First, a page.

You know that feeling you get when you get to the bottom of the page, and you realize you have processed absolutely nothing that you have just read? Or, you’re looking at someone and have to ask yourself what they just said?
Lack of focus can be an issue for a lot of people, but especially if you are a student or entrepreneur and you want some simple ways to boost your focus, read on!
Support the adrenals.
If we don’t have energy it becomes very difficult to focus. Check to see if you or your client are experiencing circadian rhythm imbalance. Symptoms may include difficulty waking up, afternoon yawning, and difficulty falling asleep.
If these symptoms are present, then a temporary protocol of ADHS, (3) upon rising and (3) at noon may be what they need to help maintain energy throughout the day.
If you have someone who is or has been abusing energy drinks or any other form of stimulant, you may need to put them on an adrenal glandular for a while.
We recommend one bottle of ADB5 Plus, (2) upon rising and (2) at noon. After completion, have them do one bottle of the ADHS, (3) upon rising and (3) at noon.
Get some (quality) sleep!
This should go without saying, but if you aren’t getting the recommended 8-9 hours of sleep each day, it’s going to kill your focus.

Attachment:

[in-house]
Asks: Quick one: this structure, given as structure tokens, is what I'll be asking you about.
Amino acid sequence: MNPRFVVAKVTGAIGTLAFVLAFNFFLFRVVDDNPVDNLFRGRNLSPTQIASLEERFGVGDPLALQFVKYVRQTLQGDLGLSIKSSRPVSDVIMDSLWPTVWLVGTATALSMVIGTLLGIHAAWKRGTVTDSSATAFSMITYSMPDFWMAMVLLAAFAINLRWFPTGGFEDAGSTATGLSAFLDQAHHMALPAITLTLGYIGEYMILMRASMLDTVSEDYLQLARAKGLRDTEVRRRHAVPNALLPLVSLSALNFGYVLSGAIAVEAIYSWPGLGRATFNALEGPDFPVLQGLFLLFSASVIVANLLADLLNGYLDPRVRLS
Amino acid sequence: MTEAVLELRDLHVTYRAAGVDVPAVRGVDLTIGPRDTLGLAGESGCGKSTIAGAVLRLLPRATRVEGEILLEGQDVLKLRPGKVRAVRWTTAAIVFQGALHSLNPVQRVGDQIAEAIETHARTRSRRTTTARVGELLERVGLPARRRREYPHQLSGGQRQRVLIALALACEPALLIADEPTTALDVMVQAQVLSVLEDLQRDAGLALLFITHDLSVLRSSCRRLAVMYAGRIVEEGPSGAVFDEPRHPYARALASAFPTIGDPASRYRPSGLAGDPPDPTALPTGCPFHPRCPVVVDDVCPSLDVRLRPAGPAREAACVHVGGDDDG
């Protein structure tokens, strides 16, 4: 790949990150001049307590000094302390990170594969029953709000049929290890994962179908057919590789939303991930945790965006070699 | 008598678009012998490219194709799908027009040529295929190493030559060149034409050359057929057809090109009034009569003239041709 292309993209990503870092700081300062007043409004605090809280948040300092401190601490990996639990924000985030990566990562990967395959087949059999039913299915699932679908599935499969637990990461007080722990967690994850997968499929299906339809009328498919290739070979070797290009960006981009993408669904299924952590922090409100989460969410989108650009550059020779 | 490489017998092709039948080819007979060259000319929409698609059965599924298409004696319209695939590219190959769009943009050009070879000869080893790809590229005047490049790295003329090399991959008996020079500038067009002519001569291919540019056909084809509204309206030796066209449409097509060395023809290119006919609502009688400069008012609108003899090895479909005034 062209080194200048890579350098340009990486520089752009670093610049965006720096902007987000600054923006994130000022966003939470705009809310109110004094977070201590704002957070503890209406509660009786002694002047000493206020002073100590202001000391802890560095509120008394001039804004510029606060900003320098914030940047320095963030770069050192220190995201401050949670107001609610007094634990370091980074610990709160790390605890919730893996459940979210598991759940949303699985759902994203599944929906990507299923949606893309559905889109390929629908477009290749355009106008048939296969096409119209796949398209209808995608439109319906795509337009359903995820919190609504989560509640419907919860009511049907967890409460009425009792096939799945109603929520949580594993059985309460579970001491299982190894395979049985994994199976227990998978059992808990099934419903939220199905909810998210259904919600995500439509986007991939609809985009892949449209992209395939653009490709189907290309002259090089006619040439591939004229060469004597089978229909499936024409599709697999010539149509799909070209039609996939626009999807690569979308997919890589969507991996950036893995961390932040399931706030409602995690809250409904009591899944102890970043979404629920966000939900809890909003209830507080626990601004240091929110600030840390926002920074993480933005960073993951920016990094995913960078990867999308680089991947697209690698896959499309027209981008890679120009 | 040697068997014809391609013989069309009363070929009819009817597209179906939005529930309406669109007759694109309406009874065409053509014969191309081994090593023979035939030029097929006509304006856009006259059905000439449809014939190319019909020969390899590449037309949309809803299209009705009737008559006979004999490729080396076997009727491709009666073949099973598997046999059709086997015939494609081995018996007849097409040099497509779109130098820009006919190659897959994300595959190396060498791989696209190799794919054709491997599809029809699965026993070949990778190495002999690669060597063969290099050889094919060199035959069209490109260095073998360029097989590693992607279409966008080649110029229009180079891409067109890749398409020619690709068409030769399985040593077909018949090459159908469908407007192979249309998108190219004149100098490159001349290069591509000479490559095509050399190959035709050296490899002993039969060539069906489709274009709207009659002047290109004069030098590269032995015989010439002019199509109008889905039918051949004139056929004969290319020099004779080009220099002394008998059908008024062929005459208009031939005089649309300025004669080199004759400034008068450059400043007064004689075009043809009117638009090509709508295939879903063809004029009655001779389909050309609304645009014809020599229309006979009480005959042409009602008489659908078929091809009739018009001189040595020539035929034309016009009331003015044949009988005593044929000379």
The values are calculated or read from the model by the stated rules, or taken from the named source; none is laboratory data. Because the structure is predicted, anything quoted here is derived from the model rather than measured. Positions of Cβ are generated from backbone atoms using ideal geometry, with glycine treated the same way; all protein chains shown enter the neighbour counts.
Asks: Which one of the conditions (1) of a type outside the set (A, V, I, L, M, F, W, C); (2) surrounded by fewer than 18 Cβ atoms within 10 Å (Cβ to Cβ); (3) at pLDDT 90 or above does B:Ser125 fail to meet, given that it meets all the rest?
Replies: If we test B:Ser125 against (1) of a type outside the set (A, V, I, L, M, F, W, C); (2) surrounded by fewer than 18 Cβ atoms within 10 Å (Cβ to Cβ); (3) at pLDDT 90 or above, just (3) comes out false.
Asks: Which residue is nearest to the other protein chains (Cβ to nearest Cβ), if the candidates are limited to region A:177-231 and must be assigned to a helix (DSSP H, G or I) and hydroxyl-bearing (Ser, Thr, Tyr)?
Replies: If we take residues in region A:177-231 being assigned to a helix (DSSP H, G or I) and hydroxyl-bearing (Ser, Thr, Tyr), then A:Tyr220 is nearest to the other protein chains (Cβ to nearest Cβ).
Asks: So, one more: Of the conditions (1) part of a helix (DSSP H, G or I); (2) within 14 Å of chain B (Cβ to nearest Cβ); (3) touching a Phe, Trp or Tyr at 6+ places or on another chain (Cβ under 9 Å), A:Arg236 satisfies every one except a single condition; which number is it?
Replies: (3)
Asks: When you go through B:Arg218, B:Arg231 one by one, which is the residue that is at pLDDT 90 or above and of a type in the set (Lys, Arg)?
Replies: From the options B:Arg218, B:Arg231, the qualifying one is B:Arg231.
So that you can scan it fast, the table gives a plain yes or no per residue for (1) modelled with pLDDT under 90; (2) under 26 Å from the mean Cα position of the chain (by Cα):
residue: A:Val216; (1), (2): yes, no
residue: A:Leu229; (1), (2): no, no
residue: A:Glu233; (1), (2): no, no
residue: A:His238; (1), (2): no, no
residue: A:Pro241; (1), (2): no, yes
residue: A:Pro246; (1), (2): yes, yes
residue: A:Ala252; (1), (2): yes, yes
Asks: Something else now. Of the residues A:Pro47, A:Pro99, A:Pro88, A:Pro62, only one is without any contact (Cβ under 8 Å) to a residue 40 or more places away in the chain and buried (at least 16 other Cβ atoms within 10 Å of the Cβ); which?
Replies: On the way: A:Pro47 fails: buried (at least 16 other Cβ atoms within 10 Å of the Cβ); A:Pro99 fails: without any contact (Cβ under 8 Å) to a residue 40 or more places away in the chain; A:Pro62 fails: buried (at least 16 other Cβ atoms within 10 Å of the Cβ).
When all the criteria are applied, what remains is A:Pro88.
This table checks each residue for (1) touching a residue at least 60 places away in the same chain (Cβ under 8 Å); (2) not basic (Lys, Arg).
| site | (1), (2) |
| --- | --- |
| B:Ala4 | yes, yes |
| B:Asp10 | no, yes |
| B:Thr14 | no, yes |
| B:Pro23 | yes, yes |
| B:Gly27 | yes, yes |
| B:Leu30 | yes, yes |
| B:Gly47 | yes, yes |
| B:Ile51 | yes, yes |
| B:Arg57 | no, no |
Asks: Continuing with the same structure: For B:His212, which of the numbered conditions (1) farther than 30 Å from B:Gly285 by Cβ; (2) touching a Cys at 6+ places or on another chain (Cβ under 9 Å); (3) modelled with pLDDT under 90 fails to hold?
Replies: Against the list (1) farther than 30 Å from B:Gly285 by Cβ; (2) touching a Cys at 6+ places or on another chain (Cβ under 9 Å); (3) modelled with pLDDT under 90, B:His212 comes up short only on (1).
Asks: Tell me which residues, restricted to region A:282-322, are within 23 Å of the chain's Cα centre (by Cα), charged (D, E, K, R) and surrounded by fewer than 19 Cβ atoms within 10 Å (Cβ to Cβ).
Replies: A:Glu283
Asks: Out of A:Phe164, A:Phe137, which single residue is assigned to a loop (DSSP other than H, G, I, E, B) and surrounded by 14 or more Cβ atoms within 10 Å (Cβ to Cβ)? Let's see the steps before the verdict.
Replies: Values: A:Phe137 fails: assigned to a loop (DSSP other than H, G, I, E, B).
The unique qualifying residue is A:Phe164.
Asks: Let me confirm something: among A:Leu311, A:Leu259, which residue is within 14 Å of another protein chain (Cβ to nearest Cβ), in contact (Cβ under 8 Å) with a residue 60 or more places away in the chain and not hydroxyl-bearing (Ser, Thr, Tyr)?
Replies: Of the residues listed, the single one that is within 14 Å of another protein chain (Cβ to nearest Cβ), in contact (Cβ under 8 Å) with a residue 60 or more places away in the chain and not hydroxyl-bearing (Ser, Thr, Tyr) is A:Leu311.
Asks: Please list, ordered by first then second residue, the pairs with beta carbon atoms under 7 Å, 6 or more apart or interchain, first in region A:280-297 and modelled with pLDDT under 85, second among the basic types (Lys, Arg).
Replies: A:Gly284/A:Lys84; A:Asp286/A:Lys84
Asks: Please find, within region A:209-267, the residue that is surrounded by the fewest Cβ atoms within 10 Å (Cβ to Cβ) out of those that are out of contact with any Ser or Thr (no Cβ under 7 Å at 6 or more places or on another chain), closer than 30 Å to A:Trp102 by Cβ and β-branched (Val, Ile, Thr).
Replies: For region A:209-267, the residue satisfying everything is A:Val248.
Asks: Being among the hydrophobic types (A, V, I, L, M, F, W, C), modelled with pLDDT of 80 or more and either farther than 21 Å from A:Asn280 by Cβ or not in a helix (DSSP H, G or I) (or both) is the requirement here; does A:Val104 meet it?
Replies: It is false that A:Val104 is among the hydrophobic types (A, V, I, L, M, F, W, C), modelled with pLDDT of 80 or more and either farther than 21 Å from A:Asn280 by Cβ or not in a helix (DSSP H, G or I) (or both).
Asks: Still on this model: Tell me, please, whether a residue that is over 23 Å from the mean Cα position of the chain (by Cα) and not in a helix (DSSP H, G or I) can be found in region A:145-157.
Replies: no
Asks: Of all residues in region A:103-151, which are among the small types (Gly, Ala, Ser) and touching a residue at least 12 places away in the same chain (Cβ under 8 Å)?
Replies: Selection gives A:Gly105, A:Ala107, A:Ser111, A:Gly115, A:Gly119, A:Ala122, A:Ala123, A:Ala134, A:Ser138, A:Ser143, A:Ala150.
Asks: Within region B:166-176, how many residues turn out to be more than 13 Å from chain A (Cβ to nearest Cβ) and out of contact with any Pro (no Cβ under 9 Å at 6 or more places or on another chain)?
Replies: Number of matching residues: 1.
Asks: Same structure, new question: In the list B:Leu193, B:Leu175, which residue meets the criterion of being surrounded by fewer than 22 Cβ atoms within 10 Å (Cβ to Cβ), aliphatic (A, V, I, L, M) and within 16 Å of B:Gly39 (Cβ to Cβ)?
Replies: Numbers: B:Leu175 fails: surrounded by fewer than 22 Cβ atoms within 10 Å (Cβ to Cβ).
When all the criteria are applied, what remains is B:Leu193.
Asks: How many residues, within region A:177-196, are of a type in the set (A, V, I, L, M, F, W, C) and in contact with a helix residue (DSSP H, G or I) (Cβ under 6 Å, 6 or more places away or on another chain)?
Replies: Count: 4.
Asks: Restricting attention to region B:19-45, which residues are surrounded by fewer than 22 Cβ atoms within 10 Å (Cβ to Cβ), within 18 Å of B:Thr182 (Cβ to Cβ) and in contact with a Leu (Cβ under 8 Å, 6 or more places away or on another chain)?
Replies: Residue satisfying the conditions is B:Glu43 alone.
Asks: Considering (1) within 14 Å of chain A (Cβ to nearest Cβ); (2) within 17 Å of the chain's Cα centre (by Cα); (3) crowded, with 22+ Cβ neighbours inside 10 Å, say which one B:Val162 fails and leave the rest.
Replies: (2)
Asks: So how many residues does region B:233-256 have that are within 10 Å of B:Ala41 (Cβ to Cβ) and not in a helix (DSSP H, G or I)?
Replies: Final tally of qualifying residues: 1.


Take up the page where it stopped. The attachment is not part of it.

Try noise-cancelling headphones.
If you are the type that becomes easily distracted, then some noise cancelling headphones could do a world of good for you. I have a pair I keep at home specifically for when I need to buckle down on a project, or if I don’t want to hear my neighbors yelling at one another.
Take a 10 minute brisk walk around the block three times a day.
Mild cardio each day has been shown to help just about everything and focus is no different. Try at least 30 minutes each day of cardio, even if it is just a briskly paced walk: you will see results immediately!
Supplement with Ginkgo Biloba.
Ginkgo Biloba has been shown to increase focus and support general neurological function. Consider one (1) to two (2) tablets each day to increase clarity.
By Parker Sing, NTP
Blood Chemistry Specialist
Biotics Research Northwest